Three faculty members in Virginia Tech's Department of Computer Science, Kirk Cameron, Wu-Chun Feng, and Dimitrios Nikolopoulos, have received IBM Faculty Awards.
According to IBM, these awards are “internationally competitive,” and candidates are required to have an outstanding reputation for contributions in their field.
"We are very excited about the opportunity to formalize our ongoing relationship with IBM,” Cameron said. “This award will enable us to exploit the high-performance characteristics of IBM hardware to answer important open questions in plant phylogeny. In collaboration with postdoctoral fellow Xizhou Feng, Cameron plans to use the funds to collaborate with IBM researchers Carlos Sosa and Brian Smith.
“The computational power of the IBM Blue Gene supercomputer and the Cell Broadband Engine will enable faster, more accurate identification of relationships between organisms,” Cameron said. “For example, these types of techniques can be used to quickly identify the ancestry of viruses like SARS, where timely isolation of a virus’ origin can help defend it and ultimately save lives.”
“I'm honored to have received an IBM Faculty Award,” said Feng. “I hope to create a self-adapting computing environment that will enable rural regions and secondary schools to access customizable computing resources anytime, anywhere, and anyhow. Hopefully, this will contribute to the notion that computer science is not just about 'programming' but more about problem solving, like the computer science that went into Google, Wii, or iPhone.”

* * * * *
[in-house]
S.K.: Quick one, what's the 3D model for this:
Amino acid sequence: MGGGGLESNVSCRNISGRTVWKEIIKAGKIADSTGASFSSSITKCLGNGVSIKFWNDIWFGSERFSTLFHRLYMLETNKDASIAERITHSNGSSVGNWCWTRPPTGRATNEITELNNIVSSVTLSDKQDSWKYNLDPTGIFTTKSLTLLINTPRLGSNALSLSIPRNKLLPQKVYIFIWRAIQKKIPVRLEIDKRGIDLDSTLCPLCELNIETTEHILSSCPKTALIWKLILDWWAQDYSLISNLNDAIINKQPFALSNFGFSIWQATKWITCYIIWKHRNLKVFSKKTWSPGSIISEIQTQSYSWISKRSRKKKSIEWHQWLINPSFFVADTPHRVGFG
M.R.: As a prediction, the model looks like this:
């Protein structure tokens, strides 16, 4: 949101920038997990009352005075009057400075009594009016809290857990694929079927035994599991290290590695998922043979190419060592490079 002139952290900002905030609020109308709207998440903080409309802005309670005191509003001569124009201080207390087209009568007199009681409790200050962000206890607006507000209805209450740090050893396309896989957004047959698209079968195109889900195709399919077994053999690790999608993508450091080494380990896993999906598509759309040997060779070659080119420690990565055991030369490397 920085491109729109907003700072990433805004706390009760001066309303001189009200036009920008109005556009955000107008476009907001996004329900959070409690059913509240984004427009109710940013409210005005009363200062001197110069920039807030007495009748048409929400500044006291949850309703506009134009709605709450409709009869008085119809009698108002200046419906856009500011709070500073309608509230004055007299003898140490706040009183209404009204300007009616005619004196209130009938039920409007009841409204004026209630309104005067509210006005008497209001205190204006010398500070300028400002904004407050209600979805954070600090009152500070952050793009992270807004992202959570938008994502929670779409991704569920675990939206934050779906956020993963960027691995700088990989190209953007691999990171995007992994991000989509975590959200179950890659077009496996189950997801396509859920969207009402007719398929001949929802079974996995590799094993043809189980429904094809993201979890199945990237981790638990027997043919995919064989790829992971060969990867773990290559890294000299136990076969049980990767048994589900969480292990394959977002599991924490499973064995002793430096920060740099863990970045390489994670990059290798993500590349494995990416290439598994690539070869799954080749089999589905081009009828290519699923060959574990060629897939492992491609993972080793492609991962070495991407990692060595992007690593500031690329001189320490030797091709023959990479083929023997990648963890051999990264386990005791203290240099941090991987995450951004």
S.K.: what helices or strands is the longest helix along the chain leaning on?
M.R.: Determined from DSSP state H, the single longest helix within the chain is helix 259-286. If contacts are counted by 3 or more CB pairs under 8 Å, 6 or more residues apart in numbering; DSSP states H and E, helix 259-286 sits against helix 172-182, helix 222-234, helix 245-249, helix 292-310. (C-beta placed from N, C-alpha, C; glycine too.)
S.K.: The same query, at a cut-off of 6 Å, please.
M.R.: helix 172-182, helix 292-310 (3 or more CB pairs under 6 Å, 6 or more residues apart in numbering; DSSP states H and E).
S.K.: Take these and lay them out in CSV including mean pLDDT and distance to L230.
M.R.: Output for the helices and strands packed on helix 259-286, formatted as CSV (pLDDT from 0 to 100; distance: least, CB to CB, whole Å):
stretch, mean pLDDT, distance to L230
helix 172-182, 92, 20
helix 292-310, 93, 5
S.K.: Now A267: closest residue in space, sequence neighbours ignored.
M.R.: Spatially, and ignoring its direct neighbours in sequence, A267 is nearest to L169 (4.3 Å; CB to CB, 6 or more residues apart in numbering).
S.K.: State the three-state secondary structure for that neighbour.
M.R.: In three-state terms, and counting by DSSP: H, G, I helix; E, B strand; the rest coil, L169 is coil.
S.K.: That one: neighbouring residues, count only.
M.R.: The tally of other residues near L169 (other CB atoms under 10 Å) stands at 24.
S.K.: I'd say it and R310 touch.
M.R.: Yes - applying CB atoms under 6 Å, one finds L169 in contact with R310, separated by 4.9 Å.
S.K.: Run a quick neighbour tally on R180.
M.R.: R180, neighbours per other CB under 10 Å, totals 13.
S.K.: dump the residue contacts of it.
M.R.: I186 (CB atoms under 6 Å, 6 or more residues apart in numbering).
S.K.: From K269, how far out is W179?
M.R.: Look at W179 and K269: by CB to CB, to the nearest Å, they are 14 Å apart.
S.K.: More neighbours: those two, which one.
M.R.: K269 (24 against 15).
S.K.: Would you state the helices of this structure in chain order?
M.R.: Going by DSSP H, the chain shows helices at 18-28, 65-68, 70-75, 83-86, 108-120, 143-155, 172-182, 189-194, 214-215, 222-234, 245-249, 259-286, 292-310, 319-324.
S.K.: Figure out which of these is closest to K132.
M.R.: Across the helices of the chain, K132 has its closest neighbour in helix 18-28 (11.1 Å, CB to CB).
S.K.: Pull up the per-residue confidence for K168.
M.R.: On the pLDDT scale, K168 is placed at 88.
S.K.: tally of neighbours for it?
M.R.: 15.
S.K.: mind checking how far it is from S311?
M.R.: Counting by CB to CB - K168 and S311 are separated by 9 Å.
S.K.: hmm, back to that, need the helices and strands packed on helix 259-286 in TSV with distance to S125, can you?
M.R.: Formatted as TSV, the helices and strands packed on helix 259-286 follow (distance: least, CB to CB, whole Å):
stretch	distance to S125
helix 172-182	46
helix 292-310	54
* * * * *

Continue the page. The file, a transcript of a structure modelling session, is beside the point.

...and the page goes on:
According to Feng, it is alarming that probable majors in computer science have dropped by 70 percent in the United States from 2000 to 2005, even though the job openings in science and engineering are expected to soar in the years to come. “We need to reshape the misconceptions of CS and project it as a problem-solving discipline, one that will open the doors to tomorrow.”
Nikolopoulos will use the IBM Faculty Award to address problems that disrupt software productivity on emerging computing platforms.
“There is a looming crisis in software productivity due to the ubiquitous use of multi-core processors in computer systems,” said Nikolopoulos. “Software can no longer be accelerated by new microprocessors, unless it is restructured and decomposed to run efficiently on multiple cores. We are exploring tools that get software to run efficiently on multiple cores with minimum human involvement. Our collaboration with IBM will help us deploy these tools on cutting-edge IBM hardware, including the Cell Broadband Engine, and put our tools to test with commercial-strength network security software.”
The IBM Faculty Awards is a competitive worldwide program intended to foster collaboration between researchers at leading universities worldwide and those in IBM research, development and service organizations; and promote courseware and curriculum innovation to stimulate growth in disciplines and geographies that are strategic to IBM.